The European Central Bank said that it does not wish to profit from its holdings of Greek sovereign bonds, and will permit eurozone member states to pass on those profits to Greece to aid in that country’s debt crisis.
Reuters reported Wednesday that the president of the ECB, Mario Draghi, originally proposed on Thursday that profits from the body’s holdings of Greek sovereign bonds be relinquished to the central banks of eurozone states, which could then apply those funds to the Greek debt crisis.
ECB officials Joerg Asmussen and Luc Coene supported the idea, and discussions are under way to determine how to book such profits up front so that they can be provided to Greece as an early lump sum.
While that news may be good, it comes as eurozone finance ministers have abandoned plans to meet with Greek officials face to face on Wednesday to discuss plans for a second bailout. Ministers have said that Greek party leaders have not provided a sufficient commitment to reform measures demanded by the troika–the ECB, the European Commission and the International Monetary Fund.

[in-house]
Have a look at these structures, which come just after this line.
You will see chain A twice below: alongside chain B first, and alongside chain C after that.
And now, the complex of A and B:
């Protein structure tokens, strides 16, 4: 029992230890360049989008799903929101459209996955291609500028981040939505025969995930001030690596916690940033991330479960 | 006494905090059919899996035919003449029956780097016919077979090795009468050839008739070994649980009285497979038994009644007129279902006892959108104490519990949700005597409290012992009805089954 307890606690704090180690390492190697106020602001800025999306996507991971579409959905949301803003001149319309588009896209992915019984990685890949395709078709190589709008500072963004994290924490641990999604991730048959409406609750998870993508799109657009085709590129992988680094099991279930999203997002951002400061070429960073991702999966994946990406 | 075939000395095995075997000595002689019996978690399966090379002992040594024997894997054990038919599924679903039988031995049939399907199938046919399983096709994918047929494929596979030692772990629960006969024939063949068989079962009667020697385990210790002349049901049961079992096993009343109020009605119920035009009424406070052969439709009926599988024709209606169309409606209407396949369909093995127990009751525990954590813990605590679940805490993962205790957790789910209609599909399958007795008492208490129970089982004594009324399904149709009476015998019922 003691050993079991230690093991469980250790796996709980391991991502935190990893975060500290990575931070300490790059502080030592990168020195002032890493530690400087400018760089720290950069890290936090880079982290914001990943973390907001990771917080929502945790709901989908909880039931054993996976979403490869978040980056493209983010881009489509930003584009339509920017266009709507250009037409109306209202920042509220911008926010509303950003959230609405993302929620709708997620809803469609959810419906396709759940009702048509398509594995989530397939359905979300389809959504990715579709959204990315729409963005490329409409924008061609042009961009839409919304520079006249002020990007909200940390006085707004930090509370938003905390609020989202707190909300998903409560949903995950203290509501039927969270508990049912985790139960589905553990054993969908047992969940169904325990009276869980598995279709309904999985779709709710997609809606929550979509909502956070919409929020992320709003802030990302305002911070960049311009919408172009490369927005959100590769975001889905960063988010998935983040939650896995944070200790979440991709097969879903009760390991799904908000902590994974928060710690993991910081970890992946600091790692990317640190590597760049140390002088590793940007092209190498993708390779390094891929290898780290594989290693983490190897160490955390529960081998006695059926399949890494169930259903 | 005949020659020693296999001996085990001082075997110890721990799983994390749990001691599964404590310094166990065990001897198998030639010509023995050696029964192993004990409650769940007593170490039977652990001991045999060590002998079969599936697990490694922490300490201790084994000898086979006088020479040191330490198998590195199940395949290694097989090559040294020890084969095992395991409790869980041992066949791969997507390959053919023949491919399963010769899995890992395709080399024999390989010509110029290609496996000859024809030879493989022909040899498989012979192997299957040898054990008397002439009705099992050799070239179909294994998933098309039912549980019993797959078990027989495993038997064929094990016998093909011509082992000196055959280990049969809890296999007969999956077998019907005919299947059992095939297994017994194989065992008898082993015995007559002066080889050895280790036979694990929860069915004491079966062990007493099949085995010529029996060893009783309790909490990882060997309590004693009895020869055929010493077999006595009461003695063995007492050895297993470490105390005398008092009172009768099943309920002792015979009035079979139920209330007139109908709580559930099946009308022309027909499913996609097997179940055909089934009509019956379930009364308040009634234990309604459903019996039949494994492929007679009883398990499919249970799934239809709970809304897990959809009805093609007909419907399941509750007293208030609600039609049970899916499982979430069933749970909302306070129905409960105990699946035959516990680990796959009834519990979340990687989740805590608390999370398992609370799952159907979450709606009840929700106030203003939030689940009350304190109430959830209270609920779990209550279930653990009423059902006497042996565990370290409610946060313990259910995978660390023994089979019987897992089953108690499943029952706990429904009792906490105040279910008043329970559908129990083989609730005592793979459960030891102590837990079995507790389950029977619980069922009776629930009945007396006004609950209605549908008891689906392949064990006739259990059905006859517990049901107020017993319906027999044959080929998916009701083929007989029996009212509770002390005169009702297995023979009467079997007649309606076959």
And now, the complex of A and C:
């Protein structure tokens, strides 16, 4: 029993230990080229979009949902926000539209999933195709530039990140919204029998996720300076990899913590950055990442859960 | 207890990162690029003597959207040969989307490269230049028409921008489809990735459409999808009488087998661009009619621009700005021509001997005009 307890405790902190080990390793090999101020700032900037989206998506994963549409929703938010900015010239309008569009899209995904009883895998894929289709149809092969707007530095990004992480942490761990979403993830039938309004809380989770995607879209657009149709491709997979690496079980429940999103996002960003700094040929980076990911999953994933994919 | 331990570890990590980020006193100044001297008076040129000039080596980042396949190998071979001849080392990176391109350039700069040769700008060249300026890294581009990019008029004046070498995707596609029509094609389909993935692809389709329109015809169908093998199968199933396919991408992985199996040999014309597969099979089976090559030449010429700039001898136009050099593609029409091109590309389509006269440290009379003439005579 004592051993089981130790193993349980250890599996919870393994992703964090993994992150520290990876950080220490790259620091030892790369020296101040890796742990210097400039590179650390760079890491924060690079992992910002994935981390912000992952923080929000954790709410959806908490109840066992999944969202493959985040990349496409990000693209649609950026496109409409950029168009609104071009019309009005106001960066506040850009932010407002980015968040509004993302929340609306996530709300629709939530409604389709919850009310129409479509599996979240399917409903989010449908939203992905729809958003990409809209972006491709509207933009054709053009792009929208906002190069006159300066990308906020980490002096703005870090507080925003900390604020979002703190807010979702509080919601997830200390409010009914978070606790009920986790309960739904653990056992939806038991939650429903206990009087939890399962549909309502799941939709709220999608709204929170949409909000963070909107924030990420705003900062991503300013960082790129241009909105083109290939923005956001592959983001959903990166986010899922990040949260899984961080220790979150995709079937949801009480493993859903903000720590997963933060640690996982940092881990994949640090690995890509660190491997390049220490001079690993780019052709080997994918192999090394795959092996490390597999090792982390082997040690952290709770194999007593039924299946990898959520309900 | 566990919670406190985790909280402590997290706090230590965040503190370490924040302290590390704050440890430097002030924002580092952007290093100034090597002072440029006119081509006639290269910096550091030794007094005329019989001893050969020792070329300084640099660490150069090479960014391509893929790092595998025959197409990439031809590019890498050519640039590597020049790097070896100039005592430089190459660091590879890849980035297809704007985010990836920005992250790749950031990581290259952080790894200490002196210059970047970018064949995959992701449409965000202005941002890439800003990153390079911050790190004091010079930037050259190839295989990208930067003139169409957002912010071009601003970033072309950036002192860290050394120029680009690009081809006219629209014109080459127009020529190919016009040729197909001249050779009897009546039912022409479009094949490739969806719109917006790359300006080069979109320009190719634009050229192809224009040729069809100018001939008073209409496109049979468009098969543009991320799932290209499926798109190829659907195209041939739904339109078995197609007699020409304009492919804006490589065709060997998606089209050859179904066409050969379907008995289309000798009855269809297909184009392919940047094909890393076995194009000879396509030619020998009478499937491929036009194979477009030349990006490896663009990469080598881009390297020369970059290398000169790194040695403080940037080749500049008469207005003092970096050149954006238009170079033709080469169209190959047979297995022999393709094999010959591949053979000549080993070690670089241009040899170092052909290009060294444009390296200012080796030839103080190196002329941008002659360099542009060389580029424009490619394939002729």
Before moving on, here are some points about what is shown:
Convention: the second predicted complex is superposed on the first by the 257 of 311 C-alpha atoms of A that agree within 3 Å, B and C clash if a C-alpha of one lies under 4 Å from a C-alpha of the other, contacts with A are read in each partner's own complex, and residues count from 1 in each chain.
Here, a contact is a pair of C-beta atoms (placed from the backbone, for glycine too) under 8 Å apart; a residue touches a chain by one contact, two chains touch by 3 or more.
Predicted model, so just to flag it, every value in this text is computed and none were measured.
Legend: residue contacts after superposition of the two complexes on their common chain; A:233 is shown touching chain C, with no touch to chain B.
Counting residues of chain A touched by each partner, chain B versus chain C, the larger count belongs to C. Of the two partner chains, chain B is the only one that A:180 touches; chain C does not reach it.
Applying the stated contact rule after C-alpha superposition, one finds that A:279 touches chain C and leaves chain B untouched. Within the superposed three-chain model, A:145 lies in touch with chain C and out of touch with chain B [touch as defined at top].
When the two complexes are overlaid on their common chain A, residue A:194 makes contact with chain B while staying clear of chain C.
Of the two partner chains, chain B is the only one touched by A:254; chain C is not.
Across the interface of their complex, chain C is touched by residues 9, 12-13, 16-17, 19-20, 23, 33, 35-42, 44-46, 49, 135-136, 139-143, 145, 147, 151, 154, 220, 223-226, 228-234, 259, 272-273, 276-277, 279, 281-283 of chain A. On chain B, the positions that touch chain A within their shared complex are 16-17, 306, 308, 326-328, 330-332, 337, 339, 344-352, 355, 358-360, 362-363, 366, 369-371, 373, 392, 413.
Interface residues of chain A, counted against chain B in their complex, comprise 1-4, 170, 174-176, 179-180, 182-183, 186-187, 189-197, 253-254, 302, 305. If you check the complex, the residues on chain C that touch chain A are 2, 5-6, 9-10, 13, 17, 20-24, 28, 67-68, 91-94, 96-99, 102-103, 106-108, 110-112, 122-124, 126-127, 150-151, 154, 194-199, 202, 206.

If Greece fails to convince leaders to extend additional funds by March 20, it will default–an event that could be disastrous for far more countries than itself. The ECB has been pressured by European leaders to be more active in finding a way to help Greece avoid that event, but has resisted. The surrender of profits from Greek bonds presents a way for the ECB to participate while still avoiding actions it does not want to take.